Christie: NJ residents not willing to do what it takes to cut taxes
Gov. Chris Christie seems resigned to the idea that ever-increasing property taxes will be New Jersey's fate.
"We know what to do to solve the problem but we are unwilling as a society to accept the medicine we need to accept to solve it," Christie said Thursday during his monthly "Ask the Governor" program on New Jersey 101.5.
"I at times grow disillusioned by New Jerseyans who are always complaining about their property taxes but don’t want any reduction in services or change in the way things are being done."
The lack of optimism comes from a Republican governor whose signature accomplishment during his two terms was a 2 percent property tax cap that went into effect in 2010.
The reform did not turn back New Jersey's property taxes, which have been among the highest in the nation, nor did the cap, which came with a list of exemptions, prevent taxes from climbing more than 2 percent in many municipalities. But Christie says the law did put on the brakes.
Since 2010, property tax increases have averaged 2.04 percent a year.
Last year, the tax levy increased by an average 2.54 percent.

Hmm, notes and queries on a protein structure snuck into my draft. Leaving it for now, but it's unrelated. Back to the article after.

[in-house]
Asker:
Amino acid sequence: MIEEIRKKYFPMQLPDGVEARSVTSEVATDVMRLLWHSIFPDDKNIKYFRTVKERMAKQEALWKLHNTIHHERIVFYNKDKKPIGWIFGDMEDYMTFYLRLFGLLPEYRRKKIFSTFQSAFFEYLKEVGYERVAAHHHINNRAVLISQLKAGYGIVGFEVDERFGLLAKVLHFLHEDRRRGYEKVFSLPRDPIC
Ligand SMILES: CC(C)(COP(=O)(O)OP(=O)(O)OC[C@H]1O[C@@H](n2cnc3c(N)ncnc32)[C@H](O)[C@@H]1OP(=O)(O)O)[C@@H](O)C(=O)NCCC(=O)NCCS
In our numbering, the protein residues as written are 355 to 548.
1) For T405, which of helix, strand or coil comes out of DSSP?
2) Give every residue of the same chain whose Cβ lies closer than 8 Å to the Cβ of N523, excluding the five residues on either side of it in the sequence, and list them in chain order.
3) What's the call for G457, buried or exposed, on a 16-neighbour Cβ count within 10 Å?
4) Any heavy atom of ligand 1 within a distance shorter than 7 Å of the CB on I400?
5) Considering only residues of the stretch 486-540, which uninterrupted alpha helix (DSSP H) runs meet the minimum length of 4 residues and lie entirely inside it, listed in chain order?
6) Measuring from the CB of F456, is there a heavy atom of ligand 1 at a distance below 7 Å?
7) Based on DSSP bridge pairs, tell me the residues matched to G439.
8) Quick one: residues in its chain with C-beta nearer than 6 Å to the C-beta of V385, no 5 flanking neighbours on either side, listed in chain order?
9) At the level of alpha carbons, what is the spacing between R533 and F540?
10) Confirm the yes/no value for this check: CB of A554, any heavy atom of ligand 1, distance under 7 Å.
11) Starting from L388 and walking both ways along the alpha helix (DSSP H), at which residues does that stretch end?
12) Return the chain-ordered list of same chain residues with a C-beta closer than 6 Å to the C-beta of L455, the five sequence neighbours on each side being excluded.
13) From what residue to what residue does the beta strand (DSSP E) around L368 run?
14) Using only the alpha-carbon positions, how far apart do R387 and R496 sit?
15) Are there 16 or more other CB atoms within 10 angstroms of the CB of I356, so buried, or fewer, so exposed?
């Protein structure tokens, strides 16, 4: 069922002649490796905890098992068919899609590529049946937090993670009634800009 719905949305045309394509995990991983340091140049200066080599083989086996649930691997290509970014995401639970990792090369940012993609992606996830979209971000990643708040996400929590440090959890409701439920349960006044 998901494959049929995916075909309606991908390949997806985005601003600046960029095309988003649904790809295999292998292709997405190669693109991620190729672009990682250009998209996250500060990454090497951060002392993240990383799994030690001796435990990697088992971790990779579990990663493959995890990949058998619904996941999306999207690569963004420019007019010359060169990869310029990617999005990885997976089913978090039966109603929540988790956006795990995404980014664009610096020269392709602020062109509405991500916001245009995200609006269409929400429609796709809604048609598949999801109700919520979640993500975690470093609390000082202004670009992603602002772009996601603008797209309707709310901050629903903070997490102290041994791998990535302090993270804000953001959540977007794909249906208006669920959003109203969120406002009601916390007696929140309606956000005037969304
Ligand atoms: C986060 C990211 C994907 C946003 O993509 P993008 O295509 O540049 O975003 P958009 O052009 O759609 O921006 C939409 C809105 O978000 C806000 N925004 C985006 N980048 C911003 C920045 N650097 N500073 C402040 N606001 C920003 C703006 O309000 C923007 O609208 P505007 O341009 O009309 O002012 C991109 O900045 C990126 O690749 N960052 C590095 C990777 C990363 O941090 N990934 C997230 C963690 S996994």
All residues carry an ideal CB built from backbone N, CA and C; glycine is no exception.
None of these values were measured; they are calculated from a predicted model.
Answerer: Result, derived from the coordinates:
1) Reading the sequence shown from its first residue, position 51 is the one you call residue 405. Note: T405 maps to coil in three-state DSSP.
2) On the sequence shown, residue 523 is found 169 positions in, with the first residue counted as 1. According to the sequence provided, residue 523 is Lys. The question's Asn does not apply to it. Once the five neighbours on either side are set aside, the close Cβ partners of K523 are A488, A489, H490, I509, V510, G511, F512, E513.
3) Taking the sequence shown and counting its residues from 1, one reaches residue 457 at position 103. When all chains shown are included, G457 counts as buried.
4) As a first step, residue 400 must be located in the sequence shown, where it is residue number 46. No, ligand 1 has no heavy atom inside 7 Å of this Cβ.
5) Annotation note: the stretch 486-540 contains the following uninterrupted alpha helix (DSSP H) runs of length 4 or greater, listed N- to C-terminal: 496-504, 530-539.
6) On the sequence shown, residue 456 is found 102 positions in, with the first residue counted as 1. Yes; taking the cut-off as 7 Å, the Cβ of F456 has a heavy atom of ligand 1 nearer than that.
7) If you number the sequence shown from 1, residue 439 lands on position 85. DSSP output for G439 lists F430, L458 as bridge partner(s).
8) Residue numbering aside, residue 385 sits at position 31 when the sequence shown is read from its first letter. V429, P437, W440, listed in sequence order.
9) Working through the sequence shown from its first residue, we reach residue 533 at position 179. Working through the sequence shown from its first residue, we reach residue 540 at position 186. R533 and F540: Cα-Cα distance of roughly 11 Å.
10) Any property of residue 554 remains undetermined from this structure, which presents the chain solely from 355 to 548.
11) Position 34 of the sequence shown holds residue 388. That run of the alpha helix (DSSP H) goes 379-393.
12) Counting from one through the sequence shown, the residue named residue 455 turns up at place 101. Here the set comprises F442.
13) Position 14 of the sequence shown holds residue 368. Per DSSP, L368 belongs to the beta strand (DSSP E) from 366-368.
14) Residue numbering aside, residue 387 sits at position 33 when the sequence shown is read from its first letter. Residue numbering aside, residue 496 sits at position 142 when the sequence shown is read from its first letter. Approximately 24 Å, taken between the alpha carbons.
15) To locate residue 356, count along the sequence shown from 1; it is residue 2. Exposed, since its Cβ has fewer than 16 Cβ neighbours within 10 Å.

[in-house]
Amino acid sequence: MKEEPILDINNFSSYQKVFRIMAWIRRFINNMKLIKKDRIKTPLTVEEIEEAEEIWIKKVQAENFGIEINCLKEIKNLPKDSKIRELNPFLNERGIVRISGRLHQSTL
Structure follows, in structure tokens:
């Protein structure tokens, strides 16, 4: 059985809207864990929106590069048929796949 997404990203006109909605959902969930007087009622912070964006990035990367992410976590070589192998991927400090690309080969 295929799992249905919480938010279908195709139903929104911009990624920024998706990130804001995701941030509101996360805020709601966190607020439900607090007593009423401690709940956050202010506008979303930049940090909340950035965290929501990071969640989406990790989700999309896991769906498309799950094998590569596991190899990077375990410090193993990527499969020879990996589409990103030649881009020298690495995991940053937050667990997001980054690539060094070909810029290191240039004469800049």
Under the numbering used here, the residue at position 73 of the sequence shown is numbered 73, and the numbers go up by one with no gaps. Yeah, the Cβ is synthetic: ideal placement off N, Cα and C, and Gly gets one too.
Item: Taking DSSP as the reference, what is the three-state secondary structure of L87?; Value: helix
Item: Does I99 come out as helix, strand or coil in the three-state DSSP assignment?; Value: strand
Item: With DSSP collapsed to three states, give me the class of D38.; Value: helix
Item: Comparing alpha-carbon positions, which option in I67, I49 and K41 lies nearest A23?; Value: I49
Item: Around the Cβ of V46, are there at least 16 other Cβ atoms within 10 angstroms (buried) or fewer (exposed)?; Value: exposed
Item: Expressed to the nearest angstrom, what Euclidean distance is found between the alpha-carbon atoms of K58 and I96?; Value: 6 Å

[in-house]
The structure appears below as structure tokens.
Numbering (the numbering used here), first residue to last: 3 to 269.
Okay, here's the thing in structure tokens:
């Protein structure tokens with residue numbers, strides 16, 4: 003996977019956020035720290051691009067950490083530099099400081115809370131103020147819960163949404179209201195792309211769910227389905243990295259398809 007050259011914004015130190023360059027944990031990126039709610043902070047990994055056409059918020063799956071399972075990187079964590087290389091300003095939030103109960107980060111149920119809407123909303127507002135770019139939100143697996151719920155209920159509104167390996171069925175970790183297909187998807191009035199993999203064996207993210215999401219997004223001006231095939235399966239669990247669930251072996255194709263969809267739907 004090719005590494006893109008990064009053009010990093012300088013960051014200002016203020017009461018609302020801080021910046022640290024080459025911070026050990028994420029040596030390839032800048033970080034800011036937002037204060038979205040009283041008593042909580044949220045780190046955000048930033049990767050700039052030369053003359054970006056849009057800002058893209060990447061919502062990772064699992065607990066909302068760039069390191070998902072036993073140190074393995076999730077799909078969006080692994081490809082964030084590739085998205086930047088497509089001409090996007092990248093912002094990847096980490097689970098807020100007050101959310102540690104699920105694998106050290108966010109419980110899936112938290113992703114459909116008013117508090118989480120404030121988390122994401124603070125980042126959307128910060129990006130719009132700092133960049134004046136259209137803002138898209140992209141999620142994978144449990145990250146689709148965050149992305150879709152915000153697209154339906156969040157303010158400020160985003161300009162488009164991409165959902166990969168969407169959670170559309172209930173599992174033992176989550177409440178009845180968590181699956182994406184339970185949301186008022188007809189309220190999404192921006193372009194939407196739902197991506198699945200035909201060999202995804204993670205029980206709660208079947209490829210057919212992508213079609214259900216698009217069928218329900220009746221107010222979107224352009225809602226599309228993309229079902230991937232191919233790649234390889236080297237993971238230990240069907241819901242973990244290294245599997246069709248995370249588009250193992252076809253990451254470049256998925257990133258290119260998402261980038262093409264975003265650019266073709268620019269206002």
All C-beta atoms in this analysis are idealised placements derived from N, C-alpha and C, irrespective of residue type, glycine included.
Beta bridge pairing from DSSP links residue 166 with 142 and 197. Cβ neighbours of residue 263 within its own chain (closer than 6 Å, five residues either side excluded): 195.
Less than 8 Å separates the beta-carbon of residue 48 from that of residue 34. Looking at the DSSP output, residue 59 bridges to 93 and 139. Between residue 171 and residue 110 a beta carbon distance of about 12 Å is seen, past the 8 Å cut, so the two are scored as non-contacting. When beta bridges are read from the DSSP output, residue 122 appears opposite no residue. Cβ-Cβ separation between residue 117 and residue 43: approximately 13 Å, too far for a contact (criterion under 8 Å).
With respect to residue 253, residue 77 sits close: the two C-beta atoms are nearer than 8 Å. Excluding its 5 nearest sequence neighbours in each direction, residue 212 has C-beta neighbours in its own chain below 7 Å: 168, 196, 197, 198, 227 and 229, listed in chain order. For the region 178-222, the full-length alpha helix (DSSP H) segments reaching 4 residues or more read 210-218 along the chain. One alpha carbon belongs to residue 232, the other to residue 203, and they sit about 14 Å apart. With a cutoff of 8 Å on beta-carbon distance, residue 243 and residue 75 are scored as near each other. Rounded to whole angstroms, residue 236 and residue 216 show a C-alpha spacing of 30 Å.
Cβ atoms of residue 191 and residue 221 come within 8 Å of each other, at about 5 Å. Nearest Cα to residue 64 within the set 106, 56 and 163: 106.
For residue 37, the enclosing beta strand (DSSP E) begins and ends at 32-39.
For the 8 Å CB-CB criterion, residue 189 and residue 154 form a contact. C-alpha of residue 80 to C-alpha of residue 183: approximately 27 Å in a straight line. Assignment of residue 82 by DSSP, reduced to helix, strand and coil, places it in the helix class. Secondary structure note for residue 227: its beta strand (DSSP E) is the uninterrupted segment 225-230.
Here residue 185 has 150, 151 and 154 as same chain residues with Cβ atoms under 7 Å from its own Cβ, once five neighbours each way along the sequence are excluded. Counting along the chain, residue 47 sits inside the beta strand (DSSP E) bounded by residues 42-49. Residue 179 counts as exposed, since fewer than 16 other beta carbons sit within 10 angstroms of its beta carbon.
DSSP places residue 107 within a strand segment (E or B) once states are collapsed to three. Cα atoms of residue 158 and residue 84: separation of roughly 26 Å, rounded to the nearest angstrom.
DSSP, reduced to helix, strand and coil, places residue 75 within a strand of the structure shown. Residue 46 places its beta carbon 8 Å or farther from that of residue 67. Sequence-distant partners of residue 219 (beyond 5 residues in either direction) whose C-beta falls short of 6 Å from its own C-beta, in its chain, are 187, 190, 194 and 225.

On Thursday, Christie said reforming civil service rules would help reduce property taxes, and extending the school day or school year would help improve the quality of public schools, which account for the lion's share of most property tax bills.
Christie this year proposed a complete overhaul of how the state doles out funds for schools. His "fairness formula" would have given every district $6,599 per student. Current funding is based in part on a district's ability to raise tax revenues, with much of the funding going to districts with higher poverty levels. But that plan was never considered viable in the Legislature.
"All we want to do is complain about it but if I go to somebody's town and say, hell, your property taxes are like this because look at how much your school taxes are [...] we are going to take the steps that are necessary to do that. 'No, no, no! Not in my town!'"
Sergio Bichao is deputy digital editor at New Jersey 101.5.
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